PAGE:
- Be aware of people entering vote count data incorrectly
- Be aware of ballots misplaced or double counted (more peculiar to the Republican caucuses)
He concludes that the most accurate statement one can make about such close elections amounts to qualifying approximations, i.e. for the case of the Iowa D caucus results:
Hillary Clinton won approximately 701 delegate votes
Bernie Sanders won approximately 697 delegate votes.
Especially, as I pointed out, counting and assessing delegate counts was anything but trivial in something like 90 Iowa precincts - including one that needed a coin toss to allot its votes!
Bernie Sanders should be proud of his showing in Iowa and for further perspective let's note:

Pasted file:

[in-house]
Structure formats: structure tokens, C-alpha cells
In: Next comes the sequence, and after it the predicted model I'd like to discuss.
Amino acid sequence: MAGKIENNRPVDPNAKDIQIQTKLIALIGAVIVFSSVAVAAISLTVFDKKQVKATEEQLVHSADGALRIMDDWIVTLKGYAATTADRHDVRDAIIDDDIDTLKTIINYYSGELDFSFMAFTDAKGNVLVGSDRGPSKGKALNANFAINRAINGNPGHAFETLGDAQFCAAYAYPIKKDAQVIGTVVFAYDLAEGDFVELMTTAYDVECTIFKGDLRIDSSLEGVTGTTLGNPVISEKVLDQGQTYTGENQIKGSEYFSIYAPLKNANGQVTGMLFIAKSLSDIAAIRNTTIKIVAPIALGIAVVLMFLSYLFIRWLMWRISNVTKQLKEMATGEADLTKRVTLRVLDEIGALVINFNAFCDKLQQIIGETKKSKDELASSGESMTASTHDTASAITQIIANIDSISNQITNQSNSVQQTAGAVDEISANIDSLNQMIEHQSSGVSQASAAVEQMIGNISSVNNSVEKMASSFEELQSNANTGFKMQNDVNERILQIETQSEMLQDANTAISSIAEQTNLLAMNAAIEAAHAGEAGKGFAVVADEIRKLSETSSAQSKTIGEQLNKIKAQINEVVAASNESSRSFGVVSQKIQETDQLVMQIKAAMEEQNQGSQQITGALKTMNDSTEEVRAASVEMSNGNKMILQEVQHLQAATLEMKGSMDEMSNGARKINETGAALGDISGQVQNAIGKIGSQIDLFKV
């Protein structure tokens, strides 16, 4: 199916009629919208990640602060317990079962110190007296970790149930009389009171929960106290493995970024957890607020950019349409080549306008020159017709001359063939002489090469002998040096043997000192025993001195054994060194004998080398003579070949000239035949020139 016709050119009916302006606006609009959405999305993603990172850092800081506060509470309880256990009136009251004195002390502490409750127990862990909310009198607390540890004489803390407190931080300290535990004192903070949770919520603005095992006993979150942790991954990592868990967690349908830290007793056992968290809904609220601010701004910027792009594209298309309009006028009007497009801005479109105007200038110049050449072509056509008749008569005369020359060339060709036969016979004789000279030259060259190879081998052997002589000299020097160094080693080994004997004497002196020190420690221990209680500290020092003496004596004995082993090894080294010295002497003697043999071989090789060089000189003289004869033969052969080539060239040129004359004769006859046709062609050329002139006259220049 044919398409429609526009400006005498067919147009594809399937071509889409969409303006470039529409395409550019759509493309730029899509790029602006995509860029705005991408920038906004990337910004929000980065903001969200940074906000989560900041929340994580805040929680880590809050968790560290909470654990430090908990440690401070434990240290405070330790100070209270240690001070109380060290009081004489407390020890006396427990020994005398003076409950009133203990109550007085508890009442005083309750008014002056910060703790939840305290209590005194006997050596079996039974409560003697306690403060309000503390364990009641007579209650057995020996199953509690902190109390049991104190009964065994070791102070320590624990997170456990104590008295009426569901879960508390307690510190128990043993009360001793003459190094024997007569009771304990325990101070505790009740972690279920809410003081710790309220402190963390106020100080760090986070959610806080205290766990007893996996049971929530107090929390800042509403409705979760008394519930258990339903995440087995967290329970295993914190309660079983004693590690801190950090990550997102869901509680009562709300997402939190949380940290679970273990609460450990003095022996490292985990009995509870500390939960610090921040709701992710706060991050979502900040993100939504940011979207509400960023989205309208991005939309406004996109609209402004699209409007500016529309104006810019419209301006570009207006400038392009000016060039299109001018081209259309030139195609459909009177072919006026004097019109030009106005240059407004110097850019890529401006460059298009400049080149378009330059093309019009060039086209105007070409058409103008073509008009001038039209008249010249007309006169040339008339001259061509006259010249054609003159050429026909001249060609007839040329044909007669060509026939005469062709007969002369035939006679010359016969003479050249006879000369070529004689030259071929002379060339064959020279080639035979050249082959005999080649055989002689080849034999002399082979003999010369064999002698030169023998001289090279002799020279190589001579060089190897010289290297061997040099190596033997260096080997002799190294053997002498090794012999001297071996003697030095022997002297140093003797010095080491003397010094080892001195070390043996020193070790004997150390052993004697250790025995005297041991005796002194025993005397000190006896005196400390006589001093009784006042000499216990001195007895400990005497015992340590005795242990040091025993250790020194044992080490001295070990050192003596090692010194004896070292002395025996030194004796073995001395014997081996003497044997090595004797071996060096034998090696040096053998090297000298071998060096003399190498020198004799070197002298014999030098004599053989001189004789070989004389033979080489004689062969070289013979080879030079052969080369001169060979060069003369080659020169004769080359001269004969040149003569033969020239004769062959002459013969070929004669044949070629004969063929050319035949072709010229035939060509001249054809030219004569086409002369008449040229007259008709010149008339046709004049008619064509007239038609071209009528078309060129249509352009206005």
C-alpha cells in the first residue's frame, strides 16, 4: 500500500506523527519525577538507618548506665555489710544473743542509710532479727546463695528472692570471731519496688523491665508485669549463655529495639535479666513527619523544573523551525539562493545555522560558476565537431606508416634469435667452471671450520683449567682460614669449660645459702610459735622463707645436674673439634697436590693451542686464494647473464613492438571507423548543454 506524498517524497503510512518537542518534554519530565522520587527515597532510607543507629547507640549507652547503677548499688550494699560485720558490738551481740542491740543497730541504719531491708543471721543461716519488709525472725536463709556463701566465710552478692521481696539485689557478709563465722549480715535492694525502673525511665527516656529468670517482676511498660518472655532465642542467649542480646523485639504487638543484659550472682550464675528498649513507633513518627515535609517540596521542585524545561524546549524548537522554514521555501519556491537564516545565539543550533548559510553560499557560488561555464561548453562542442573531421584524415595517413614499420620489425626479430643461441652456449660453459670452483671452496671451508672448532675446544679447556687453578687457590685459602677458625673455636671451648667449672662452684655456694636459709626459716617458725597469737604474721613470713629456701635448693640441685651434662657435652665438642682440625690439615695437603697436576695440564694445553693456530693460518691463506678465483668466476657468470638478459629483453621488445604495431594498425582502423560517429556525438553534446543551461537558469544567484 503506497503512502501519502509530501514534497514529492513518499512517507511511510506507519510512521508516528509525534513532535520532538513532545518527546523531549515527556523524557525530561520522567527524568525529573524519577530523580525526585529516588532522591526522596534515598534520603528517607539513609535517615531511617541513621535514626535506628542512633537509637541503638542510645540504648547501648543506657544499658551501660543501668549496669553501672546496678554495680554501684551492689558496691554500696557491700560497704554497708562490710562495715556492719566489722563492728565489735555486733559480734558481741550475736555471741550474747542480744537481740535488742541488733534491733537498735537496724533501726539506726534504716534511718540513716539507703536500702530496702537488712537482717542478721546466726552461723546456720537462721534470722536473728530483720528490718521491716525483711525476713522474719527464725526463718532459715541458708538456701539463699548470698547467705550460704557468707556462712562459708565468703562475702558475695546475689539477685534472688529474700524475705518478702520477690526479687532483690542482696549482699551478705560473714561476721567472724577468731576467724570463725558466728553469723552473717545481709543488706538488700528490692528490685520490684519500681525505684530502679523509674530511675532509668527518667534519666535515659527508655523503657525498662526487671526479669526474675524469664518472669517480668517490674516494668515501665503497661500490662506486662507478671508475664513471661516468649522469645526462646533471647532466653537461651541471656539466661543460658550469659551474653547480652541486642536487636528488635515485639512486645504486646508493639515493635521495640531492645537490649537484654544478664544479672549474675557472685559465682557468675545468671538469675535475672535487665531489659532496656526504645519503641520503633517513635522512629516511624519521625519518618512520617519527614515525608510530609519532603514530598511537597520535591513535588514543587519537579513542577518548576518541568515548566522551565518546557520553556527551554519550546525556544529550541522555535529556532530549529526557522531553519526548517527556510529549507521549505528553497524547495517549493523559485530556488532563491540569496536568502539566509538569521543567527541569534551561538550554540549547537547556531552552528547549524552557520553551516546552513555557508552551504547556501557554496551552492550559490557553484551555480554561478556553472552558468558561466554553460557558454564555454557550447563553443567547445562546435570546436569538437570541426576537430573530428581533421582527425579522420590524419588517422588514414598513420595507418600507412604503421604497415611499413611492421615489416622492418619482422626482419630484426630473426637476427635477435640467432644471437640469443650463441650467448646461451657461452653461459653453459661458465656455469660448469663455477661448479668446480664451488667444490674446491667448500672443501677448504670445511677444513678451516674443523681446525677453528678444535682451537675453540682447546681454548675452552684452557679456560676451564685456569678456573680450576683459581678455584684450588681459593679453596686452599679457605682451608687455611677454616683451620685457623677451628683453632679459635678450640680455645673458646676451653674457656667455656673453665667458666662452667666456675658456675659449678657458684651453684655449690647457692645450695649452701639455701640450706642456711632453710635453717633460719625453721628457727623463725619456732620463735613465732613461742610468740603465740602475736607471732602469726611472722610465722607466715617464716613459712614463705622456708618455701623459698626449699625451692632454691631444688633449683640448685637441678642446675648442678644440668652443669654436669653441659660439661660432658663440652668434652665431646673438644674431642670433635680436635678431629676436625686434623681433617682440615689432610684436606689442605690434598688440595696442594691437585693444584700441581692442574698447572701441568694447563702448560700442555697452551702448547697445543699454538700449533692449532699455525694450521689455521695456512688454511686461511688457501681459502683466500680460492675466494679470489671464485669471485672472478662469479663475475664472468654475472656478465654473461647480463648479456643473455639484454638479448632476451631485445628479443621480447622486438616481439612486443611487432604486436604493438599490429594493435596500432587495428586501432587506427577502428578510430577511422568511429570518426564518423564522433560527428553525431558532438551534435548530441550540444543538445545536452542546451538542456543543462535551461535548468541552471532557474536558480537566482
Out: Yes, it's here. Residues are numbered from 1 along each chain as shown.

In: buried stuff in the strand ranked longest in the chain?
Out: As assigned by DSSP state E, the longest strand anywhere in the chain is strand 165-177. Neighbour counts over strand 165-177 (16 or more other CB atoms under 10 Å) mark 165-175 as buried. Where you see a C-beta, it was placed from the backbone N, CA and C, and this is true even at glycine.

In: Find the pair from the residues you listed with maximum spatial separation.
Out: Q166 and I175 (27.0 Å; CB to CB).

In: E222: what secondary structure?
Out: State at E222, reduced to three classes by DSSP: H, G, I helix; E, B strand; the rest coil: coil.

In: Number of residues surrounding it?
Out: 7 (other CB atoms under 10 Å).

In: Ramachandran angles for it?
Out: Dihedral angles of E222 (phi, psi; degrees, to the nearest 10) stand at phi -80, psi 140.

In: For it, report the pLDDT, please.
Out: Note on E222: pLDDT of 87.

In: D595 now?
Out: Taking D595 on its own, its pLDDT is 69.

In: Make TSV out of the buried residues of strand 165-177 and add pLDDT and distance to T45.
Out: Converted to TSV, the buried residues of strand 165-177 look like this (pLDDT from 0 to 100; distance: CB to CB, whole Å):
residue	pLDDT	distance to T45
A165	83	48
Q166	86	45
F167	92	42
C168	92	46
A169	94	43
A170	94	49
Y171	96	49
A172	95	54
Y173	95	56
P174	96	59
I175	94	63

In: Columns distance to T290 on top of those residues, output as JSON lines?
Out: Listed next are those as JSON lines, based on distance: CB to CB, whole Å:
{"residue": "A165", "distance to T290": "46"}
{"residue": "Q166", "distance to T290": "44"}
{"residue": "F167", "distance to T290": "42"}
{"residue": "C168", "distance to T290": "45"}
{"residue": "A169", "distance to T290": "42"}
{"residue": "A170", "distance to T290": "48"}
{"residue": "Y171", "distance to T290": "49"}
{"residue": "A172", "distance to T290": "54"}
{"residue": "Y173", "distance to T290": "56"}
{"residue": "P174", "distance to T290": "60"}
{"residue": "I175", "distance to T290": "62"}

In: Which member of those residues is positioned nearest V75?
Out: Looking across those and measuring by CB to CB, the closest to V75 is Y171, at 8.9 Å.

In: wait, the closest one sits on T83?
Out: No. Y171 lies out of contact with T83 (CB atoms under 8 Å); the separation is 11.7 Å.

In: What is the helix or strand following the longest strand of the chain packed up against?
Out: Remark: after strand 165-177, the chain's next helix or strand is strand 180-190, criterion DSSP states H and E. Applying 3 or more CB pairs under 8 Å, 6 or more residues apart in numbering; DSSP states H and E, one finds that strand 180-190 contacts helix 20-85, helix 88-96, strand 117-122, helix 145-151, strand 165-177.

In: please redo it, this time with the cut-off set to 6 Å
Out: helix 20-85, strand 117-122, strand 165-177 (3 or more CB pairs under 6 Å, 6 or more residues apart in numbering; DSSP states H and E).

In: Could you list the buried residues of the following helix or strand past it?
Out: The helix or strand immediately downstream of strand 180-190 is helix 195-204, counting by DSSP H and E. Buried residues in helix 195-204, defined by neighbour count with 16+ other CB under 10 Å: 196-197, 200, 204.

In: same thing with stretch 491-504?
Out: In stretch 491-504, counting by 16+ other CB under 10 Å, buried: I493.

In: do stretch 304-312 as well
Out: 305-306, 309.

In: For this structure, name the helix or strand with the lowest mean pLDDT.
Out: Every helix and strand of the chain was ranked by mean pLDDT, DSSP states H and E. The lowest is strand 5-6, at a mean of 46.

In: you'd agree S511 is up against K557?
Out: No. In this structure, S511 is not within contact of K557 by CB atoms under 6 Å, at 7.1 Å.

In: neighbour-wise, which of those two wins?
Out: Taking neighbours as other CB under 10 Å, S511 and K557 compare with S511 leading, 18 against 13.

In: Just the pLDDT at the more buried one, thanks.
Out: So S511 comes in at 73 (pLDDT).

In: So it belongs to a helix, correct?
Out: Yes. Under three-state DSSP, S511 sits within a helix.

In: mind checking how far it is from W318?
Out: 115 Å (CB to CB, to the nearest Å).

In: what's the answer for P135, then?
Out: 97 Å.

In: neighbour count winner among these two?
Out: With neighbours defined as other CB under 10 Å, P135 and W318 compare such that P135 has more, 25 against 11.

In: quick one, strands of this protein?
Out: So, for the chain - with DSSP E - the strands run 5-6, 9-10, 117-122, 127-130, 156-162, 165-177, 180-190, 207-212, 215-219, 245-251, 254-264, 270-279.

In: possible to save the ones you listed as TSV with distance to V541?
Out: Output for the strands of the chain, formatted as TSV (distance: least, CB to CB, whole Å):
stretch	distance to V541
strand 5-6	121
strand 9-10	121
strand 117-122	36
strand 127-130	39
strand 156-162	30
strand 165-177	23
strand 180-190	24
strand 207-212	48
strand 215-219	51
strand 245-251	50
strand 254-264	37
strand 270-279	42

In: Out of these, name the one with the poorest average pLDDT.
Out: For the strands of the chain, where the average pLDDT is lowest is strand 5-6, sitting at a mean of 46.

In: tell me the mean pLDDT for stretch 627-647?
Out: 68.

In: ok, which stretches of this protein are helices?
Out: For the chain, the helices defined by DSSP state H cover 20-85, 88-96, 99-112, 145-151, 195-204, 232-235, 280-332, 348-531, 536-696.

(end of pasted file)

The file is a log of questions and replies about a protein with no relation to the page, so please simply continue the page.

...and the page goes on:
- He pulled in almost as large a percentage vote (49.5%) as the two main anti-establishment Repubs (Cruz and Trump) combined (52%)
- He will take away at least 21 to 22 delegates from the Iowa Dem caucuses vs. 6 for Ted Cruz, the declared R-winner.
The number one knock from pundits, e.g. Chuck Todd on NBC this morning, was "If he couldn't get a clear win in Iowa how can he do it in any other states?"
But they miss the point! Unlike the Republican primaries - which are 'winner take all'' - most of the Dem primaries allot delegates based on percentage proportions. Thus, Sanders can still come away with a significant set of delegate votes headed toward the Democratic convention in July. If he has enough, and I believe he will, he can make all kinds of deals to advance his policies into the D-platform,
We will have to see. But again, Bernie's accomplishment in Iowa must not be underestimated.